But one thing is certain, they will definitely love volleyball a little bit more than they did yesterday.

I almost did it with my guys… ;-)


Coach’s Books And Great Coaches

One of my favourite things I am doing now is the Volleyball Coaching Wizards project, in which my partner John Forman and I interview great volleyball coaches with the view to share their insights with other coaches.  So far the project has been enormously fun and rewarding.  One of the highlights was a recently recorded (and soon to be released) interview with Swedish coaching legend, Anders Kristiansson.  At some point in the interview I suggested that he should write a book. He laughed and quoted his friend Julio Velasco, who apparently said…

“If a coach has written a book he is not a good coach.  A good coach is thinking only about his next practice.”

I of course laughed at appropriate moment, noted the irony out loud, and silently put my own book plans on hold.  I have written before the coach’s books should be taken with a pinch of salt anyway, but this got me thinking a little bit more.

As so often happens in these cases, shortly after the conversation I came across documentaries about two of the great current American coaches.  As it happens those two coaches, Gregg Popovich and Bill Belichick, are virtually unanimously considered to be the best coach in the NBA and NFL respectively.  Neither has written a book.  Neither has an identifiable slogan or method that they have trademarked and marketed.  For that reason, I think both documentaries are especially valuable, not least because they contain first person interviews.  I embed them here without further comment.

Gregg Popovich and the San Antonio Spurs

Note: The title says 1/6, but it automatically plays all six.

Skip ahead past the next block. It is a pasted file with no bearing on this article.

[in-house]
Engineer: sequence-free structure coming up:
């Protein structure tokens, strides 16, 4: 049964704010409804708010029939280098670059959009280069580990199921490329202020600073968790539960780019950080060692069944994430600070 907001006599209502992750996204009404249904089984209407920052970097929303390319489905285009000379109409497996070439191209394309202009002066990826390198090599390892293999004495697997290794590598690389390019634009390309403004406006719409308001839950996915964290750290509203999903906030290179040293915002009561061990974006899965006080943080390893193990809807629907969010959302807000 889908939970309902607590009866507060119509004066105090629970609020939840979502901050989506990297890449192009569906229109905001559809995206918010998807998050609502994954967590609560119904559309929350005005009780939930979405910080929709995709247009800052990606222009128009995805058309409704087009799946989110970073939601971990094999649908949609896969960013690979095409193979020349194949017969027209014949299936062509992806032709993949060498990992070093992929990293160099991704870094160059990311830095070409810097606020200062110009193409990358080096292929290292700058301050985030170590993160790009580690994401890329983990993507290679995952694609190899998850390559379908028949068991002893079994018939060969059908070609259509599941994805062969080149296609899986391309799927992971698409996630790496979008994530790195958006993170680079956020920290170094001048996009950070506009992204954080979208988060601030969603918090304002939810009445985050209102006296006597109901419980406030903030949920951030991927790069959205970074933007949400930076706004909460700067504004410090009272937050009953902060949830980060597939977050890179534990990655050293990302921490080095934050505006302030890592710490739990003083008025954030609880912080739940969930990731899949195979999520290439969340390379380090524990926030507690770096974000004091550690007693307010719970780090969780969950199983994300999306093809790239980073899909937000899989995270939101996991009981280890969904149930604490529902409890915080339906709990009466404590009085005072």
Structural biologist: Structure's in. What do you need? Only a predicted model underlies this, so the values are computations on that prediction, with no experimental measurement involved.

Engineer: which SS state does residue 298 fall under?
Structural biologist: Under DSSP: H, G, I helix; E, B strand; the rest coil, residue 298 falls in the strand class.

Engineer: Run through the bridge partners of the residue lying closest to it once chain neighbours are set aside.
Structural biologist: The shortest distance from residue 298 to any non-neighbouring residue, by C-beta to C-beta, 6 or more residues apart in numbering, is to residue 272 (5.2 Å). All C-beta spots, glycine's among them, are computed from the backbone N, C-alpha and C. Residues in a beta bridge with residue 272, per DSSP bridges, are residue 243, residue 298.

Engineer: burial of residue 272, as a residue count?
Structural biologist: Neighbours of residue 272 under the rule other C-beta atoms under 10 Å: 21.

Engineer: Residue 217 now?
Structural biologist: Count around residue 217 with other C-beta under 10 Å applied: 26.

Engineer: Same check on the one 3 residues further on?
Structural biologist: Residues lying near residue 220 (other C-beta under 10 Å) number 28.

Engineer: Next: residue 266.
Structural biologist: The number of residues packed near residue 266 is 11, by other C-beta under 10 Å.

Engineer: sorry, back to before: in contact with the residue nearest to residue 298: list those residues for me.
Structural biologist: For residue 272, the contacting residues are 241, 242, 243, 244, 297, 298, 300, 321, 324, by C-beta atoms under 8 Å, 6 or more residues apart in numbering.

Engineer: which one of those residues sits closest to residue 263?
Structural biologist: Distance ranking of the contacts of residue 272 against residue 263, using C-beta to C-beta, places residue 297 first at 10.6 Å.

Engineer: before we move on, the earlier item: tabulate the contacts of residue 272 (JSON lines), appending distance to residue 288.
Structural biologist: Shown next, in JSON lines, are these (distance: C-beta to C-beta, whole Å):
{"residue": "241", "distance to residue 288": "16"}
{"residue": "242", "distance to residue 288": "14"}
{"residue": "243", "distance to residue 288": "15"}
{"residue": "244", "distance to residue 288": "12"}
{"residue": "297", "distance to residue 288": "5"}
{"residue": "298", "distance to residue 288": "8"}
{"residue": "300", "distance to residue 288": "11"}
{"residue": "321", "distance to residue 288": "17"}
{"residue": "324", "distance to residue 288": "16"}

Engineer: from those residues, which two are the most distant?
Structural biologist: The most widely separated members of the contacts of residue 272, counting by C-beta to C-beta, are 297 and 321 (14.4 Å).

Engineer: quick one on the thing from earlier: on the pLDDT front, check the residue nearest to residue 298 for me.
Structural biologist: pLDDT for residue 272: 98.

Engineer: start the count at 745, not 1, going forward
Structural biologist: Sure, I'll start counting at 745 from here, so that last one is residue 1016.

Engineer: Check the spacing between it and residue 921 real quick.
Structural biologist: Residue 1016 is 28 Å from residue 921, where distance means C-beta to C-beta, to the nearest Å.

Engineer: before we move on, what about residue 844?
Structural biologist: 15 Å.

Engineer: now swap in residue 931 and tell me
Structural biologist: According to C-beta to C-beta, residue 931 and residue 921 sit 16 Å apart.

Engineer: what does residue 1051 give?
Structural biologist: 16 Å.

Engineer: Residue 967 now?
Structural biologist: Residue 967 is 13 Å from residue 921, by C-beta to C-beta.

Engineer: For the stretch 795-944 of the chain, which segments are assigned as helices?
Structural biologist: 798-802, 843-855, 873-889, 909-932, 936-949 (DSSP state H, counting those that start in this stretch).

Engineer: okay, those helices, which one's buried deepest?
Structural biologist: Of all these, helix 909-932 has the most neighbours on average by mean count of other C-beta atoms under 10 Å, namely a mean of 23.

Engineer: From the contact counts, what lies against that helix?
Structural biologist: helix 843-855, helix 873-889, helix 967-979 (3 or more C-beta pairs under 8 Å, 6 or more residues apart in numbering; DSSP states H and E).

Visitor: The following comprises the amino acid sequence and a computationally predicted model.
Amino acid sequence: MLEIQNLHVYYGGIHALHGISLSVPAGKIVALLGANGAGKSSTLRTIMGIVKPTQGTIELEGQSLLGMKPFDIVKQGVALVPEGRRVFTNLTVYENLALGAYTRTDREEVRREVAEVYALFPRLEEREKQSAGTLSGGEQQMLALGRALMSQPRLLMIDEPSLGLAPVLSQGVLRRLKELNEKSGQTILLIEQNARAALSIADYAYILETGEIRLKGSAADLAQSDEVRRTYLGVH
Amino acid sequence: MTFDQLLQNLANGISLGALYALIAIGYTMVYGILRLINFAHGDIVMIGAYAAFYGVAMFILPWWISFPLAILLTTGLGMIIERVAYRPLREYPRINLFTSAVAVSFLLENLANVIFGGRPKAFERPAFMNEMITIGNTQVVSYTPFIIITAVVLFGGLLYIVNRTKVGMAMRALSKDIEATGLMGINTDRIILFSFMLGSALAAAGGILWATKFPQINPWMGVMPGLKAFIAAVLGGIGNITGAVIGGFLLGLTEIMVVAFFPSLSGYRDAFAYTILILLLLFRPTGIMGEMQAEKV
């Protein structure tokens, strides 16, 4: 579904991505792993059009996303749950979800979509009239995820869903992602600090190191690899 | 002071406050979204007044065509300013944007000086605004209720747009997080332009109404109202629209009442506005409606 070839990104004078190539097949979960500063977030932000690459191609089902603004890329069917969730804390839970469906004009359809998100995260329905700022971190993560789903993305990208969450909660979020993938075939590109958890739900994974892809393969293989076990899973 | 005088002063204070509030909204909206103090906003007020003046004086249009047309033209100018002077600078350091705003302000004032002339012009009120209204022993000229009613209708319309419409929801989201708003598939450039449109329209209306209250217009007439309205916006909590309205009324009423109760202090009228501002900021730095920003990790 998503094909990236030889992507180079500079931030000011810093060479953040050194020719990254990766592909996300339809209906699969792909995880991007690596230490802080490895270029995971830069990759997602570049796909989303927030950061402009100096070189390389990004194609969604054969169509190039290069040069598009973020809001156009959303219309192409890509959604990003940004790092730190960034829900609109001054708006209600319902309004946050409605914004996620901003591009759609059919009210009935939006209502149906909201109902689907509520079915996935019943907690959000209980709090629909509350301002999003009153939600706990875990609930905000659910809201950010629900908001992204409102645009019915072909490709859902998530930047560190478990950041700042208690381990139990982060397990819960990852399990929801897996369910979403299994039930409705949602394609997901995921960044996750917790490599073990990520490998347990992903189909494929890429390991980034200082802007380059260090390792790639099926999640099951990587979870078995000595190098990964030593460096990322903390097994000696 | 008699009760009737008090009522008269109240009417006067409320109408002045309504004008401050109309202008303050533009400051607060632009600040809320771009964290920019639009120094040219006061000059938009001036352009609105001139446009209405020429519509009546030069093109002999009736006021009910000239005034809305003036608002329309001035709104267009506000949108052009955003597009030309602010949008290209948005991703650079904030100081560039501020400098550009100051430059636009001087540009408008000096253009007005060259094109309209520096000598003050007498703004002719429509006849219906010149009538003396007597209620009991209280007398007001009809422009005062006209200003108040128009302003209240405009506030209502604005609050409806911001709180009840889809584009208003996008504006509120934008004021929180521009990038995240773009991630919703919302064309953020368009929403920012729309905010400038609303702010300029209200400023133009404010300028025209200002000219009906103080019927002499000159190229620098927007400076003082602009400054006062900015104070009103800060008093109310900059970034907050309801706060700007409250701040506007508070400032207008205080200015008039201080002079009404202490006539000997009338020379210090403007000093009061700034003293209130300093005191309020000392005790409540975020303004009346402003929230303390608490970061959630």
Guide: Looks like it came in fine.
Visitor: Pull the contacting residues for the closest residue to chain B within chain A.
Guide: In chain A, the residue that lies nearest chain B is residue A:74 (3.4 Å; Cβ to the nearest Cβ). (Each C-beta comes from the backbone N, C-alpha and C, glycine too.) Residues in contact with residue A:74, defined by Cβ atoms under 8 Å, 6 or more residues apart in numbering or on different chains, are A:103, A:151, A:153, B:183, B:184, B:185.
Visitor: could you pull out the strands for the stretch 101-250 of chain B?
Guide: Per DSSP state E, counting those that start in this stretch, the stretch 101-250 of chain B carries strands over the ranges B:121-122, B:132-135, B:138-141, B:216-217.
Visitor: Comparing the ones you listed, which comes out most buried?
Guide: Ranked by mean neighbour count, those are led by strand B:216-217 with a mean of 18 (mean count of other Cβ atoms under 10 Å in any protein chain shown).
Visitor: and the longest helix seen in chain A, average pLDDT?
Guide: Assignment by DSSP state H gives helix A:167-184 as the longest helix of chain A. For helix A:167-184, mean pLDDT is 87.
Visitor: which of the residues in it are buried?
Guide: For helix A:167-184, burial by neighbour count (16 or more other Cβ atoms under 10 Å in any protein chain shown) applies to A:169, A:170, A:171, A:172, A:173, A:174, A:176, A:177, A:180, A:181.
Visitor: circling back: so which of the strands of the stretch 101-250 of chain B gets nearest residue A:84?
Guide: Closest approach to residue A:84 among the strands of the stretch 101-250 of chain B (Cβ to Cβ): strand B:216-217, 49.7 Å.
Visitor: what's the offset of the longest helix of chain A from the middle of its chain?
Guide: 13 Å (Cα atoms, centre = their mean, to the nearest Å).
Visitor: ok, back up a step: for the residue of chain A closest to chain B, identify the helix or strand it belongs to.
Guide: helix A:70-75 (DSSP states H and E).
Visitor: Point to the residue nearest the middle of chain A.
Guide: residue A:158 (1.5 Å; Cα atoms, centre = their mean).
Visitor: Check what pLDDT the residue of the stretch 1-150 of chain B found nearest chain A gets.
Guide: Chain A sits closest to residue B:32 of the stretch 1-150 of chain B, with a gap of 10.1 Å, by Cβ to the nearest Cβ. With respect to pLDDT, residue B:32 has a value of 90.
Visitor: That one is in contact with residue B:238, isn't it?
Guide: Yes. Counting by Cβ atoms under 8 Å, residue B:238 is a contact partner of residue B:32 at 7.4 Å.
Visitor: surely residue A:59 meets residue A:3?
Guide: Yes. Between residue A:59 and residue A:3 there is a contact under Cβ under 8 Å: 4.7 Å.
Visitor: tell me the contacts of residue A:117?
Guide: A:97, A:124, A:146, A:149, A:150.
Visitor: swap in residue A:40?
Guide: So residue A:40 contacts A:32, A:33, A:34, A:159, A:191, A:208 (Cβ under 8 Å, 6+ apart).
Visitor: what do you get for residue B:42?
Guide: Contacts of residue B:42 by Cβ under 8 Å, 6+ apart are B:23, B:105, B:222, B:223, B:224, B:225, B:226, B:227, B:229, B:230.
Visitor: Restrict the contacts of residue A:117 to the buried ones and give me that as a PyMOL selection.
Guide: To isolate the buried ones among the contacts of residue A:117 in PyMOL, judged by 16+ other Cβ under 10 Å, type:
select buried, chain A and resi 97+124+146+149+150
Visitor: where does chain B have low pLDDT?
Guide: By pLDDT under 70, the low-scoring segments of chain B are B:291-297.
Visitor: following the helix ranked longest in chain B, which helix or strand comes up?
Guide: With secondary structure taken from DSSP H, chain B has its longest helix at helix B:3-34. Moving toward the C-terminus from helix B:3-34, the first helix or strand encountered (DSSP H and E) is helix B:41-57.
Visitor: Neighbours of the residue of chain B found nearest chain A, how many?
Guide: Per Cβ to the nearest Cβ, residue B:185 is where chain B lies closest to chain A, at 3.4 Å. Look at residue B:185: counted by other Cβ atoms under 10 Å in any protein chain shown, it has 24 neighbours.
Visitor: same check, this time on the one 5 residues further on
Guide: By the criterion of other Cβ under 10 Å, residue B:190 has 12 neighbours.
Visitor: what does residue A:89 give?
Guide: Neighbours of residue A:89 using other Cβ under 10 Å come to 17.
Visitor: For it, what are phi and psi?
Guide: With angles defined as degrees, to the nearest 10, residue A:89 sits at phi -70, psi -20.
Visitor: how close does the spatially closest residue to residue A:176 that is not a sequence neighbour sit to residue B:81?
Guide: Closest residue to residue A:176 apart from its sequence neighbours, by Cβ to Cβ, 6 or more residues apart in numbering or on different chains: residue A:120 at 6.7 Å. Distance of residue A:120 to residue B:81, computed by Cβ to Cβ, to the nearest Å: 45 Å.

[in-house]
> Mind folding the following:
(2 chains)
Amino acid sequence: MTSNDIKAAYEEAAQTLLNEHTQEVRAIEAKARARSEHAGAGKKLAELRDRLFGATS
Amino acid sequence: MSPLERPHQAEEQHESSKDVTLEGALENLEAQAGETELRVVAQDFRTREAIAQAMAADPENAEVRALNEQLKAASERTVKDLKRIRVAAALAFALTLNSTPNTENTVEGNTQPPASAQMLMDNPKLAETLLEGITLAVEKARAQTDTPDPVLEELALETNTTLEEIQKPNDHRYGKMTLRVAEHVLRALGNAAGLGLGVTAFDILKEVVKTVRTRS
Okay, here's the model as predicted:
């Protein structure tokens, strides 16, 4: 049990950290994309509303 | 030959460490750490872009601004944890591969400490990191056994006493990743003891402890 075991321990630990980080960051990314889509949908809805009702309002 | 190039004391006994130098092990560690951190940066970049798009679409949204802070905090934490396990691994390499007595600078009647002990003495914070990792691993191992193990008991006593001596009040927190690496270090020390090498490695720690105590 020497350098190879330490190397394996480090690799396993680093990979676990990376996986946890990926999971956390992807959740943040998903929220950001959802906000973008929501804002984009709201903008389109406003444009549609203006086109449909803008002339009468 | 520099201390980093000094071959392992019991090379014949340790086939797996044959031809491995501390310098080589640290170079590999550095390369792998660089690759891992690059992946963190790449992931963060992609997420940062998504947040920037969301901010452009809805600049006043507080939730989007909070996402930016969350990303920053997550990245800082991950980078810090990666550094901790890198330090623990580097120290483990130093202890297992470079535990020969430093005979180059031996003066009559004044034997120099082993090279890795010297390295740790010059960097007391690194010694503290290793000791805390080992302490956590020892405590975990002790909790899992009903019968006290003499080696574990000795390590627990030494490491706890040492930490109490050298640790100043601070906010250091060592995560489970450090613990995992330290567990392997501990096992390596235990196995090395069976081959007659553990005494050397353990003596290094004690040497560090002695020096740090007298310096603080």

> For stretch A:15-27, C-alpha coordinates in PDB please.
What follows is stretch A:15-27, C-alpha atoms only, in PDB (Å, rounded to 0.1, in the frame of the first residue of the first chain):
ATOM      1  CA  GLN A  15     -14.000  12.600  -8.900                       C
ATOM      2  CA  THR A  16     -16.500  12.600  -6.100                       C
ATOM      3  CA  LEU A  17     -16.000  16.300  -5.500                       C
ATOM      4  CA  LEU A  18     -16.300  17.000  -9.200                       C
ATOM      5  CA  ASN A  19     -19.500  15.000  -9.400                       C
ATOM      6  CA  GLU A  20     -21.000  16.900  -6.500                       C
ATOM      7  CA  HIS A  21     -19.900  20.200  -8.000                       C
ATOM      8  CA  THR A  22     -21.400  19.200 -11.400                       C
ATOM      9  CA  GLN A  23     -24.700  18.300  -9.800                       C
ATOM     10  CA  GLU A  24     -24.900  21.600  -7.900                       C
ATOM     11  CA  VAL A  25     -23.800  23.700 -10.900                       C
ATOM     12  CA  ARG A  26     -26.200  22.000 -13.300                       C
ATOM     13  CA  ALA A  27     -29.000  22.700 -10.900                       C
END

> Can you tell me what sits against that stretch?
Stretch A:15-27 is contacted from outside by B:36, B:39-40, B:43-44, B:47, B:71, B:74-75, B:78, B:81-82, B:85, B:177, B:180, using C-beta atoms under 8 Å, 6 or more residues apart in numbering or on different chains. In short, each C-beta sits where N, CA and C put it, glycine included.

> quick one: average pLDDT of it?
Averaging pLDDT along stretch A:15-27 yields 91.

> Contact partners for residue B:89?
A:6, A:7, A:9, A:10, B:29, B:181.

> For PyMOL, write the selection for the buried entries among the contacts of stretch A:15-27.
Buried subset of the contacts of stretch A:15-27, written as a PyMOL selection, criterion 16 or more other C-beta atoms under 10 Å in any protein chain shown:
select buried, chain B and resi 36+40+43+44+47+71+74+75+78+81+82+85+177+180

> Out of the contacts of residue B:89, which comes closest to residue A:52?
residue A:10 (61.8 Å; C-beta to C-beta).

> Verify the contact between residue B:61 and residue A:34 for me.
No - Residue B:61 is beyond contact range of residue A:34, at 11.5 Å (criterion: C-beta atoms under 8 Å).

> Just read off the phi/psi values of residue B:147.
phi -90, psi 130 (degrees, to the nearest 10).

Bill Belichick and the New England Patriots

Note: The embedded video may not play, but the original on YouTube will.

What If? 1984 Olympics Edition

If volleyball had a journalist or written tradition, one of the great debate topics would revolve around the 1984 Olympic Men’s Volleyball tournament.  The United States were the great emerging team, playing at home, with a group, the core of which would largely dominate world volleyball between 1986 and 1988.  The Soviet Union, had dominated world volleyball since 1977 with a great team of champions very close to their peak.  One great team just before its peak against one great team just after its peak.

The first ‘what if?’ is who would have won the 1984 Olympics if the Soviet Union had not boycotted.  The 1985 World Cup suggests that it would have been exceptionally close and hints, to me at least, that one year earlier with the Soviets closer to their peak and USA further from theirs, the Soviets would have been favourites.

The second ‘what if?’ is whether the system of specialisation developed by the US would have become so widespread, so fast if they had not won the gold medal. This ‘what if?’ is clearer.  I think specialisation would have become just as widespread, although maybe taken a little longer to become standard practice.

There is another hint at what the outcome might have been in a match played later in 1984 at the Japan Cup.  Highlights have just popped up on YouTube.  The match was won in five sets by the Soviet Union.  The ‘what ifs?’ remain.

To quote the comment in Russian on the video…

“This “Japanese Cup” in November 1984. It was conducted among male teams 8 countries – the Soviet Union, Bulgaria, the USA, South Korea, Poland, Mexico, Japan, China. The Soviet Union in the year boycotted the Summer Olympics in Los Angeles in response to the boycott of the Summer Olympic Games in Moscow in 1980, so the US volleyball team took first place in the summer of 1984. And Japan Cup team of the USSR proved that in fact it is still the strongest in the world.”

To quote Doug Beal from his book, ‘Spike!‘…

“The USA goes to this tournament and answers the critics of the boycotting countries.  We crush Poland and Bulgaria, lost a tight match to the USSR, and along with the Soviets dominate the field.  (We are, of course, without half of our Olympic team***).”

What if?…

*** Timmons was injured and Dvorak doesn’t seem to play.  The Soviet Union on the other hand are missing Chkourikhin, Pantchenko and Antonov.

Bad Drills